Chapter 3: Search and Seizure (Probation and Supervised Release Conditions)
A. Statutory Authority
Under 18 U.S.C. § 3563(b)(22), the court may provide that the defendant “satisfy such other conditions as the court may impose.”
Under 18 U.S.C. § 3563(b)(23), the court may provide that the defendant, “if required to register under the Sex Offender Registration and Notification Act, submit his person, and any property, house, residence, vehicle, papers, computer, other electronic communication or data storage devices or media, and effects to search at any time, with or without a warrant, by any law enforcement or probation officer with reasonable suspicion concerning a violation of a condition of probation or unlawful conduct by the person, and by any probation officer in the lawful discharge of the officer’s supervision functions.”
Under 18 U.S.C. § 3583(d), the court may provide “for a person who is a felon and required to register under the Sex Offender Registration and Notification Act, that the person submit his person, and any property, house, residence, vehicle, papers, computer, other electronic communications or data storage devices or media, and effects to search at any time, with or without a warrant, by any law enforcement or probation officer with reasonable suspicion concerning a violation of a condition of supervised release or unlawful conduct by the person, and by any probation officer in the lawful discharge of the officer's supervision functions.”
B. Sample Condition Language
You must submit your person, property, house, residence, vehicle, papers, computers (as defined in 18 U.S.C. § 1030(e)(1)), other electronic communications or data storage devices or media, or office, to a search conducted by a United States probation officer. Failure to submit to a search may be grounds for revocation of release. You must warn any other occupants that the premises may be subject to searches pursuant to this condition.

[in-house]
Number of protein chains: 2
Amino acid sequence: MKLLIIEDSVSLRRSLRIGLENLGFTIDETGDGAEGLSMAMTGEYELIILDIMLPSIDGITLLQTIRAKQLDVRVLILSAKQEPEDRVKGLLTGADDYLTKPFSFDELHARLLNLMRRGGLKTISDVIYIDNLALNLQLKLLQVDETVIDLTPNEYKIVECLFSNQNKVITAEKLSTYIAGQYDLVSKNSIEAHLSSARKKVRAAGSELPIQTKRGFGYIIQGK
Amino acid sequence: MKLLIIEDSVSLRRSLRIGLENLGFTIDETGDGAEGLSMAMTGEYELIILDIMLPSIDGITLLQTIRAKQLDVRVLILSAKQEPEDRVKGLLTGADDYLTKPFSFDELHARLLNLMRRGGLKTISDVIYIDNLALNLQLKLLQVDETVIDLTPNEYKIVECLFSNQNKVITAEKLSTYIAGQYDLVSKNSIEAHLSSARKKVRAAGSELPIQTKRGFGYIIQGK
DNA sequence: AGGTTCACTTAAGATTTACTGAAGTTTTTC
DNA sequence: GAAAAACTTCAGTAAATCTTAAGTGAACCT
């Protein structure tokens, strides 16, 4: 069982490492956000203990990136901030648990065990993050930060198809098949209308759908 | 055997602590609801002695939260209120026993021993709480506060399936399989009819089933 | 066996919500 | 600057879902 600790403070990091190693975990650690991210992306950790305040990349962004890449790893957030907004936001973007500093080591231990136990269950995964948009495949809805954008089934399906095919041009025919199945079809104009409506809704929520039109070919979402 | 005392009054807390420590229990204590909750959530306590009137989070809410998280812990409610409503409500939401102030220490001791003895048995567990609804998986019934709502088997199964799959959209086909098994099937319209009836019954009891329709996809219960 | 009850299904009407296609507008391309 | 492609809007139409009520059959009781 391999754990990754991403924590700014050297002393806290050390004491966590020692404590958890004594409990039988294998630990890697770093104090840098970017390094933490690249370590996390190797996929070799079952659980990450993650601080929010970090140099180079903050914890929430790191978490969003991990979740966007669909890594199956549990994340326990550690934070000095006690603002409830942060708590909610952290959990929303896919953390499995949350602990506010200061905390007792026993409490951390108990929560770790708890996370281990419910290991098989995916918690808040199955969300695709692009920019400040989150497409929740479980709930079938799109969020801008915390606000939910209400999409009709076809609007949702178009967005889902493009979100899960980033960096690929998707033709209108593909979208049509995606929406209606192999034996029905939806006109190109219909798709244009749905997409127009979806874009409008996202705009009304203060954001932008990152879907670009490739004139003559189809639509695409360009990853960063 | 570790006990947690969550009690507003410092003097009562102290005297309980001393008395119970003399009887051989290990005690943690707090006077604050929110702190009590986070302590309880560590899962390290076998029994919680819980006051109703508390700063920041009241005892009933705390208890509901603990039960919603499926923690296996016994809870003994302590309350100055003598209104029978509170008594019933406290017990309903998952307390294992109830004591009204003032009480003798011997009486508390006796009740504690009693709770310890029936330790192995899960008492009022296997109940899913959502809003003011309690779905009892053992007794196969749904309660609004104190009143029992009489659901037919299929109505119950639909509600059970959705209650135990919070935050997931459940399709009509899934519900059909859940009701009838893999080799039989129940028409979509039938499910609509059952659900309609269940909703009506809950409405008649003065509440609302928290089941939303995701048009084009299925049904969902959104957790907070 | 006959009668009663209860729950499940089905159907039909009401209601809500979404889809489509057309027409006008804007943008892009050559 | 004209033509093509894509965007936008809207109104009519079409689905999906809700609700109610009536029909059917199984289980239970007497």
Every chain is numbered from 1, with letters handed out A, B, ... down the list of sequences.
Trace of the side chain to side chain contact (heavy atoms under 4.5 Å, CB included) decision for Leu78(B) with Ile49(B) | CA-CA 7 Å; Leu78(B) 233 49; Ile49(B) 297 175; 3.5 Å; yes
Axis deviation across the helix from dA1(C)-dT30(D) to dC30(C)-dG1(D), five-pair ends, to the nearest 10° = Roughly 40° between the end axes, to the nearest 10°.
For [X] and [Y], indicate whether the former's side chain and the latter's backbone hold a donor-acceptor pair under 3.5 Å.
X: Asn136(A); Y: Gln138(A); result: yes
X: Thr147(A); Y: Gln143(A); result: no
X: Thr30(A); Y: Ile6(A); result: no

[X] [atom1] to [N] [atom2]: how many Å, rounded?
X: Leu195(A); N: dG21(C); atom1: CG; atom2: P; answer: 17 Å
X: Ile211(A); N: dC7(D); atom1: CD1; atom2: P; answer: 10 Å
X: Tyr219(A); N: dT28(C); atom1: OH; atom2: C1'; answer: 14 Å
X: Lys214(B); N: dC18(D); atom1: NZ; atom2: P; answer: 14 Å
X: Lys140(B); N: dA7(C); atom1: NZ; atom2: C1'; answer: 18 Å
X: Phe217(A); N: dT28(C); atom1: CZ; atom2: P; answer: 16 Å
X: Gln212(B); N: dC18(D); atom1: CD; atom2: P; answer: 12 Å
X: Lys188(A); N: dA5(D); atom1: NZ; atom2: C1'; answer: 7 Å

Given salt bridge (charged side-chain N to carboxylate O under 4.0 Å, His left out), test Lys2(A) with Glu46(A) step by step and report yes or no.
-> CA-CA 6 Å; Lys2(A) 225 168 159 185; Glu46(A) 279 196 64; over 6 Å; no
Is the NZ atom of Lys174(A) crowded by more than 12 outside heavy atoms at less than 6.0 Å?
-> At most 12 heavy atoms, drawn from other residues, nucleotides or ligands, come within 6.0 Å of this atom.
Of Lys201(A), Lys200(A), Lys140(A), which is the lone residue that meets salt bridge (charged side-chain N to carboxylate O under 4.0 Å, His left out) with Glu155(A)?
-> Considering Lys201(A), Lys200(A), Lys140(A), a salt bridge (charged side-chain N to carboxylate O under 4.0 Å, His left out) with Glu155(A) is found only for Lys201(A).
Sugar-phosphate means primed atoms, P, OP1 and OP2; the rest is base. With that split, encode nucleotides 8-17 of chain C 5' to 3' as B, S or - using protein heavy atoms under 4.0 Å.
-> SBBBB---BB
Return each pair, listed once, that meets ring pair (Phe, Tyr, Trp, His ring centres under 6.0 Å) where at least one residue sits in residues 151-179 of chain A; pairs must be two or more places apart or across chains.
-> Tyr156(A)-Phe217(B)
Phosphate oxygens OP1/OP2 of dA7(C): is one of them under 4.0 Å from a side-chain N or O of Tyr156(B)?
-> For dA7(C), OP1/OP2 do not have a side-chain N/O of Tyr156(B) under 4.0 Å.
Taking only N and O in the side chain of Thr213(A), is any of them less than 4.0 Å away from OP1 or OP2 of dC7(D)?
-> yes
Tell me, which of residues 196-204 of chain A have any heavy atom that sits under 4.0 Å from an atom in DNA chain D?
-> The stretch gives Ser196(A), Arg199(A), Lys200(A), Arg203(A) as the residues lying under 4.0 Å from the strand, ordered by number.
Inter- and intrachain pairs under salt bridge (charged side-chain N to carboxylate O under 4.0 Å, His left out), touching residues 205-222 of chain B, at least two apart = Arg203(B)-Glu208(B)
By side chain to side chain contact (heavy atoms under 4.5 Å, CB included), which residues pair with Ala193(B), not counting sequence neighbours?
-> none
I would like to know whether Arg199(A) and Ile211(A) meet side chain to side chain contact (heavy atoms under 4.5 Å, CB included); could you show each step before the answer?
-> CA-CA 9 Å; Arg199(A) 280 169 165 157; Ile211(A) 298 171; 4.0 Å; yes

The probation officer may conduct a search under this condition only when reasonable suspicion exists that you have violated a condition of supervision and that the areas to be searched contain evidence of this violation. Any search must be conducted at a reasonable time and in a reasonable manner.
- This condition serves the statutory sentencing purposes of deterrence, public protection, and rehabilitation. 18 U.S.C. § 3553(a)(2)(B)-(D).
- This condition allows the probation officer to promote public safety through effective oversight of higher-risk defendants and by assisting with rehabilitation efforts. The condition may also deter criminal conduct and permit a probation officer to intervene quickly when reasonable suspicion exists that a defendant has engaged in criminal conduct or otherwise violated a condition of supervision.
- This condition enables the probation officer to satisfy the statutory requirements to keep informed as to the conduct and condition of the defendant and aid the defendant and bring about improvements in his or her conduct and condition. 18 U.S.C. §§ 3603(2)-(3).
D. Method of Implementation
- Probation officers may recommend a condition authorizing search and seizure when a defendant is convicted of, or exhibits a history of, certain types of offenses (e.g., violent offenses, weapons offenses, drug distribution offenses, sexual offenses, offenses related to terrorism, or sophisticated financial offenses); when the defendant has a history of unsuccessful attempts at completing a term of supervision within the criminal justice system; or when a defendant exhibits some other personal trait or characteristic indicating the potential for a higher risk of recidivism or threat to public safety.